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More Than Just Sneakers: KICKS Movie Review


I have a not too fond memory of having to buy special orthopedic-like shoes for an injury I had in the sixth grade.  All I remember is my brother taking me to Lipkind's Shoes on Boston Road in the Bronx to look at a pair of sneakers my mom had put on hold earlier in the day.  My brother and I still laugh to this day about the look on my face after seeing the gleaming white and royal blue pair of horrific Jox that stared out at me from the shoebox coffin in the hands of what seemed like Satan himself.  This was in stark contrast to the feeling of finally copping my first pair of navy and white Nike Cortez's in the first grade or the ecstasy of the victory of landing my Dontrelle Willis Nike Dunks in an online Nike-run website a few years back.  

I think the thing about sneakers and young kids are that in a society that champions status, expression and personality, while we fight to find our voices in the aforementioned, we often use material things as initial catalysts to help ourselves be heard.  The crisp pair of Jordans to a high school kid is tantamount to the sporty convertible for the mid-aged divorcee man; he has to be heard, seen, liked, envied, championed and respected.  Such was the case for Brandon (Jahking Guillory), the protagonist in "Kicks", a new film by Justin Tipping, that examines in beautiful cinematographic detail how it's never really just about the shoes.  

The object of affection in "Kicks" are the infamous Jordan 1's.  The lonely life of 15 year old Brandon is painted as one where he often fends for himself and, unbeknownst to his visually absent hardworking mother, is one where he takes his coaching from observing life, and his bumbling two best friends.  Like many a young guy's life in the inner city, Brandon has to come to grips with his size, his popularity and his ignorances the hard ways.  So he needs new shoes and lucks out by getting his hands on a freshly swiped pair of classic Jordan 1's.  He sets off to rock them with pride and begins to see some of the benefits that box-fresh kicks can bring when the real trouble begins.  After they are stolen right off his feet by Flaco (Kofi Siriboe), a notorious local gang leader, Brandon makes it his mission to not slip back into the underbelly of the unpopular and sets off driven by anger, frustration and anxiety to get his beloved 1's back.  He enlists his two entertaining and questionably popular besties (played by Christopher Meyer and Christopher Jordan Wallace) to help him and the three of them embark on a mission all over town and gang territory to get the holy grail of footwear back.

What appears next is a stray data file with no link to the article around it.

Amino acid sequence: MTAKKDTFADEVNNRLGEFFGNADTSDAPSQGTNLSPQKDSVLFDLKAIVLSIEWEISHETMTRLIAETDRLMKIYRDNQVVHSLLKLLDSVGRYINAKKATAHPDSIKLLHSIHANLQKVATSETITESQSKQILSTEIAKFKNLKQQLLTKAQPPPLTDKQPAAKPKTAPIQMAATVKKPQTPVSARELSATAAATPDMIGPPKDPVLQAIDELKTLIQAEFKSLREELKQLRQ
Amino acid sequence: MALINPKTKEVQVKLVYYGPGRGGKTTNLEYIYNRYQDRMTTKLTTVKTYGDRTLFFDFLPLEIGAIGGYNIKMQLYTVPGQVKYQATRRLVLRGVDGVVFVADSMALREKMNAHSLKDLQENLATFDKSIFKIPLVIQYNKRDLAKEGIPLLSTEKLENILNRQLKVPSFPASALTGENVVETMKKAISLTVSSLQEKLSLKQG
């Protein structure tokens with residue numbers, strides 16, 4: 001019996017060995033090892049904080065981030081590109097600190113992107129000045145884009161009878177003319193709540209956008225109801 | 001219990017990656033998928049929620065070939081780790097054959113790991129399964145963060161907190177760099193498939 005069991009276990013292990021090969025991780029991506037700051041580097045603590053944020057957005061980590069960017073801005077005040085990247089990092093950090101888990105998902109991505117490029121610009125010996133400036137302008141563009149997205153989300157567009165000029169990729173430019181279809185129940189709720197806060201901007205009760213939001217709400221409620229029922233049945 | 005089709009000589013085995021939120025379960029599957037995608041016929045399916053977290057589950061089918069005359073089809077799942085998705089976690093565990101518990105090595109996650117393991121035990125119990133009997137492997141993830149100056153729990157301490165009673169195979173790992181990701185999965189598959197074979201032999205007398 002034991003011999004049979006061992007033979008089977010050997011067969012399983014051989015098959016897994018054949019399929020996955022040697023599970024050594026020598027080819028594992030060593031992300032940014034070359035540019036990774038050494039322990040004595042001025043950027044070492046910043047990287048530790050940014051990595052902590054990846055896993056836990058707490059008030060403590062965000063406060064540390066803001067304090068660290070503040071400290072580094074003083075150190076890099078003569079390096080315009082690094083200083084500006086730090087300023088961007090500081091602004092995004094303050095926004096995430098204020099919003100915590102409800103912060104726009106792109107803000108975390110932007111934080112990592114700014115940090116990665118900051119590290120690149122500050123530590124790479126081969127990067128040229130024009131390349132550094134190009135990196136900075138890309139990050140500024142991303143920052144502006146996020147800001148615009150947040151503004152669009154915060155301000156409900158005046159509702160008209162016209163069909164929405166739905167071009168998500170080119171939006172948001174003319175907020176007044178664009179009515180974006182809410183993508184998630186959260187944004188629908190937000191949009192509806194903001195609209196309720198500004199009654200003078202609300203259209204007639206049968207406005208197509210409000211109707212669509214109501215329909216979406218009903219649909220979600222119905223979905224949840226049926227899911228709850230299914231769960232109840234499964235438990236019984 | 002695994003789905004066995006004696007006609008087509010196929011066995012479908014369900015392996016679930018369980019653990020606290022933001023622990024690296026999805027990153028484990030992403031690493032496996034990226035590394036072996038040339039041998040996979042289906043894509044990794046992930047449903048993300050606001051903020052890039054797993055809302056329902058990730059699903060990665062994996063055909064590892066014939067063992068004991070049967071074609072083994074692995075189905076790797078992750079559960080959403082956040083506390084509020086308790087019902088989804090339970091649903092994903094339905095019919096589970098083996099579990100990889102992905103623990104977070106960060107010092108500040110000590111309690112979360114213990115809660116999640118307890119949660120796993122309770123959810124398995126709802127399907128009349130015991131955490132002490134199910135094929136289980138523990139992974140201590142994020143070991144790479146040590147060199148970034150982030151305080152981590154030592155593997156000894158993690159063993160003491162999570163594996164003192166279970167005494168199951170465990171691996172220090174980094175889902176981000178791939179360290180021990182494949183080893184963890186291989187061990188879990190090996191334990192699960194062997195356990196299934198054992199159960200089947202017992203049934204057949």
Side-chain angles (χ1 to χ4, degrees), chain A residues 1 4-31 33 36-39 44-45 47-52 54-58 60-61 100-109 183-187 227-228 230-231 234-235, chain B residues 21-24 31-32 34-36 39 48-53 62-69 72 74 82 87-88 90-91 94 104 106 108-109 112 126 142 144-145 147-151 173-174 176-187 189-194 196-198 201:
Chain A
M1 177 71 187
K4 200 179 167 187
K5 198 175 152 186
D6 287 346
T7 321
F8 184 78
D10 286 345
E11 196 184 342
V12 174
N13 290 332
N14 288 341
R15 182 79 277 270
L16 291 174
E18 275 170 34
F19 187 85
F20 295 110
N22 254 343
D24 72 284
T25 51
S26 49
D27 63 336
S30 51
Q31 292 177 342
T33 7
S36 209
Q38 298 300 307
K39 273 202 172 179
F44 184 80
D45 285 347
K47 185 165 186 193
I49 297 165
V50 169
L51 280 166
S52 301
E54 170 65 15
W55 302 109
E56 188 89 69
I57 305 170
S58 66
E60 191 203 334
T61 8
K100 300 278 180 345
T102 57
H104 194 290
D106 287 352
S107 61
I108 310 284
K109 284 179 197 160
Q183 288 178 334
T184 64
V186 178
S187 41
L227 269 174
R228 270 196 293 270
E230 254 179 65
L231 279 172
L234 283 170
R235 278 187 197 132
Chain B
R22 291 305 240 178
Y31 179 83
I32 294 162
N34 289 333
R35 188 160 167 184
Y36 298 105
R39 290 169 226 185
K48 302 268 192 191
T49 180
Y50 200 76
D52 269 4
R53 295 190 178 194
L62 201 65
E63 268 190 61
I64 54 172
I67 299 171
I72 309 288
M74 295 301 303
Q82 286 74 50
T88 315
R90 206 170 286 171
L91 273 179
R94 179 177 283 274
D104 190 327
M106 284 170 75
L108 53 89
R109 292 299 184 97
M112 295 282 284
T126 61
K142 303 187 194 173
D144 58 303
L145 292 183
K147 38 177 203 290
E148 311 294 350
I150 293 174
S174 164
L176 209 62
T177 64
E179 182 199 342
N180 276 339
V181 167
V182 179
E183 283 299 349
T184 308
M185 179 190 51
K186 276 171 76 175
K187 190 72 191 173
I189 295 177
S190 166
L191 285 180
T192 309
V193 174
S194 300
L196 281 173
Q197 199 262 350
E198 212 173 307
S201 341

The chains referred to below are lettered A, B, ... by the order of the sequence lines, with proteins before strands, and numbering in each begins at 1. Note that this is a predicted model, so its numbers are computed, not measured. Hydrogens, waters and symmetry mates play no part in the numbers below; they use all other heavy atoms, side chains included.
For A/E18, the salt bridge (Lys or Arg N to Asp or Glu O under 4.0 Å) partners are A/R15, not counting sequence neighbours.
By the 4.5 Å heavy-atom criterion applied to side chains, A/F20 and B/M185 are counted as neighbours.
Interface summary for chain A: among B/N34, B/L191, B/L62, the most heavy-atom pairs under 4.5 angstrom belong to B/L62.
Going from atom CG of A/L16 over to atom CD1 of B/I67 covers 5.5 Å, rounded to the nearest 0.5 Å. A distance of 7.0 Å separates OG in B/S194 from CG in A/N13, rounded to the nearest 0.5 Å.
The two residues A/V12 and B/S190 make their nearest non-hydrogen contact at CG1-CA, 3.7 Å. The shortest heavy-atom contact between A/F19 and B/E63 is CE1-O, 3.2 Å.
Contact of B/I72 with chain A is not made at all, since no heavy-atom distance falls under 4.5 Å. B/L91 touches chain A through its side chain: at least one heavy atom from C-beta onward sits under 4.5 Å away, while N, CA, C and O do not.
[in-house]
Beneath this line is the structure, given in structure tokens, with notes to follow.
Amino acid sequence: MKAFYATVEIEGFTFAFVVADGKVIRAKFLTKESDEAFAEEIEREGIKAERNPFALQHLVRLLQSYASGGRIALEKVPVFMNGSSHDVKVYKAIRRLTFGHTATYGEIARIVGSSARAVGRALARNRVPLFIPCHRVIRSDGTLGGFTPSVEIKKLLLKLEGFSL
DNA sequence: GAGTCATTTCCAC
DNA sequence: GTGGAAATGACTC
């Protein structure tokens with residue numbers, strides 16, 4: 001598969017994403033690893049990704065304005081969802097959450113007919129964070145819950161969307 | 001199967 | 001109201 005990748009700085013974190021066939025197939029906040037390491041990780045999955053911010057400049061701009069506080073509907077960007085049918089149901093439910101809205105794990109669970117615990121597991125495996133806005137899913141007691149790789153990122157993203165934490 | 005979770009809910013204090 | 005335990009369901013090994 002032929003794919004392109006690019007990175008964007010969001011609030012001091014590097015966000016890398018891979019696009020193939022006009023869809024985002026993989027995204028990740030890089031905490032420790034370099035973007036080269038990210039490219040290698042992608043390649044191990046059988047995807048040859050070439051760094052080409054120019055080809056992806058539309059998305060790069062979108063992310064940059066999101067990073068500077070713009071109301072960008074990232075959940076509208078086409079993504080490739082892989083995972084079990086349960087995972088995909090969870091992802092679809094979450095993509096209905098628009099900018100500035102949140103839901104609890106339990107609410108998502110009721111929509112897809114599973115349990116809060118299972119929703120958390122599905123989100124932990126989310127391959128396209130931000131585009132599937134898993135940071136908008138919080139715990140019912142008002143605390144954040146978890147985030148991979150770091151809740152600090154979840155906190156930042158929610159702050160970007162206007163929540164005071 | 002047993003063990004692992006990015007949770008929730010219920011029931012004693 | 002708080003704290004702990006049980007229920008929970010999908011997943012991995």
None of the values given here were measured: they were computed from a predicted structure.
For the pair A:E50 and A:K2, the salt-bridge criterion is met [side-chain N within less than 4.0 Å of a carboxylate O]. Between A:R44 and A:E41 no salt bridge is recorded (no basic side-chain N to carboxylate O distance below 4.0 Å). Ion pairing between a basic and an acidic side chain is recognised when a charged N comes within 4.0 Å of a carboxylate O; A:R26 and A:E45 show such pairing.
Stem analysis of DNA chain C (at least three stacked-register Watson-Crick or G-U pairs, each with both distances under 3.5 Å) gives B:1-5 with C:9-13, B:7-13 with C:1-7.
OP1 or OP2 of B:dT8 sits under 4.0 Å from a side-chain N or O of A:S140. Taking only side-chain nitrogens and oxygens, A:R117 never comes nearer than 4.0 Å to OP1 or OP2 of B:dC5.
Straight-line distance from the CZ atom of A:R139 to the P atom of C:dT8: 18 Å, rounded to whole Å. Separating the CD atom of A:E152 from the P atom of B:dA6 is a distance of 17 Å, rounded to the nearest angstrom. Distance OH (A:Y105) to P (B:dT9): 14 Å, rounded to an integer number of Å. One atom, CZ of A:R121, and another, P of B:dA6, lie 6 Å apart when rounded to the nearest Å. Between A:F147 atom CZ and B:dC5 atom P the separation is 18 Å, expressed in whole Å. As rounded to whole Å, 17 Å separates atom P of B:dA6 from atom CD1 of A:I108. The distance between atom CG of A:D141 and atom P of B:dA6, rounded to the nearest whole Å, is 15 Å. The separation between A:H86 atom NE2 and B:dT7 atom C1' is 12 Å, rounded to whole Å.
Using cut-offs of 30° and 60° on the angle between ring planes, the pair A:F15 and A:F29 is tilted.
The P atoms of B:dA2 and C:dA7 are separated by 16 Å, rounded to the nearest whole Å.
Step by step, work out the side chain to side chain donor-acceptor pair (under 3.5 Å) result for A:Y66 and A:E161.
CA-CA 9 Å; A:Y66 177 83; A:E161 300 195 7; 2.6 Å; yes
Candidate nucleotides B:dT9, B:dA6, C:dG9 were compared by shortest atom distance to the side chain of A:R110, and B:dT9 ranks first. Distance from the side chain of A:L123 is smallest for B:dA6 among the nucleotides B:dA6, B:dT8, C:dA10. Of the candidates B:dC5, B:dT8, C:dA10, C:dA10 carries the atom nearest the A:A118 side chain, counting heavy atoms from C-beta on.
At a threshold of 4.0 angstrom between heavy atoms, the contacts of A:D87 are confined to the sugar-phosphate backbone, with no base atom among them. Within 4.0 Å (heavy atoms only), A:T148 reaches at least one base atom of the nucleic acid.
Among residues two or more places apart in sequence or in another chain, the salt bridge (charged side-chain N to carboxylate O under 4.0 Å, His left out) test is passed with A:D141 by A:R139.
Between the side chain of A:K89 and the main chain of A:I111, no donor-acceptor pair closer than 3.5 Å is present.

That is what's captured so coolly and is so visually gripping with this story.  It made a scenario that can happen more easily than not in the inner city appear a tad heartwarming and very relatable and found a redemptive moral in the things many of us often pass off as silly and fickle.  The film made a valid point about how, in the context of our own lives, when we stand up for what we believe in, work hard for and strongly desire, we find our true character and can uncover our dormant humanities.

Having grown up in the days of films like House Party, Juice, New Jack City, Boyz n The Hood and Menace 2 Society, I found "Kicks" to be a really good and honest modern film.  The directorial-debut from Mr. Tipping and the casting were great in the fluid blending of story, characters, imagery and music and the dialogue was honest and real like a page torn right out of a young city kid's book, not trying to save to world, but one who just unconsciously wants to and growth-wise needed to find his own voice and come out of his shell, but in turn discovered something about the world and his undiscovered strength in it.  

"KICKS" a film by Justin Tipping (Runtime: 87 mins) opens in select theaters nationwide tomorrow September 9.  




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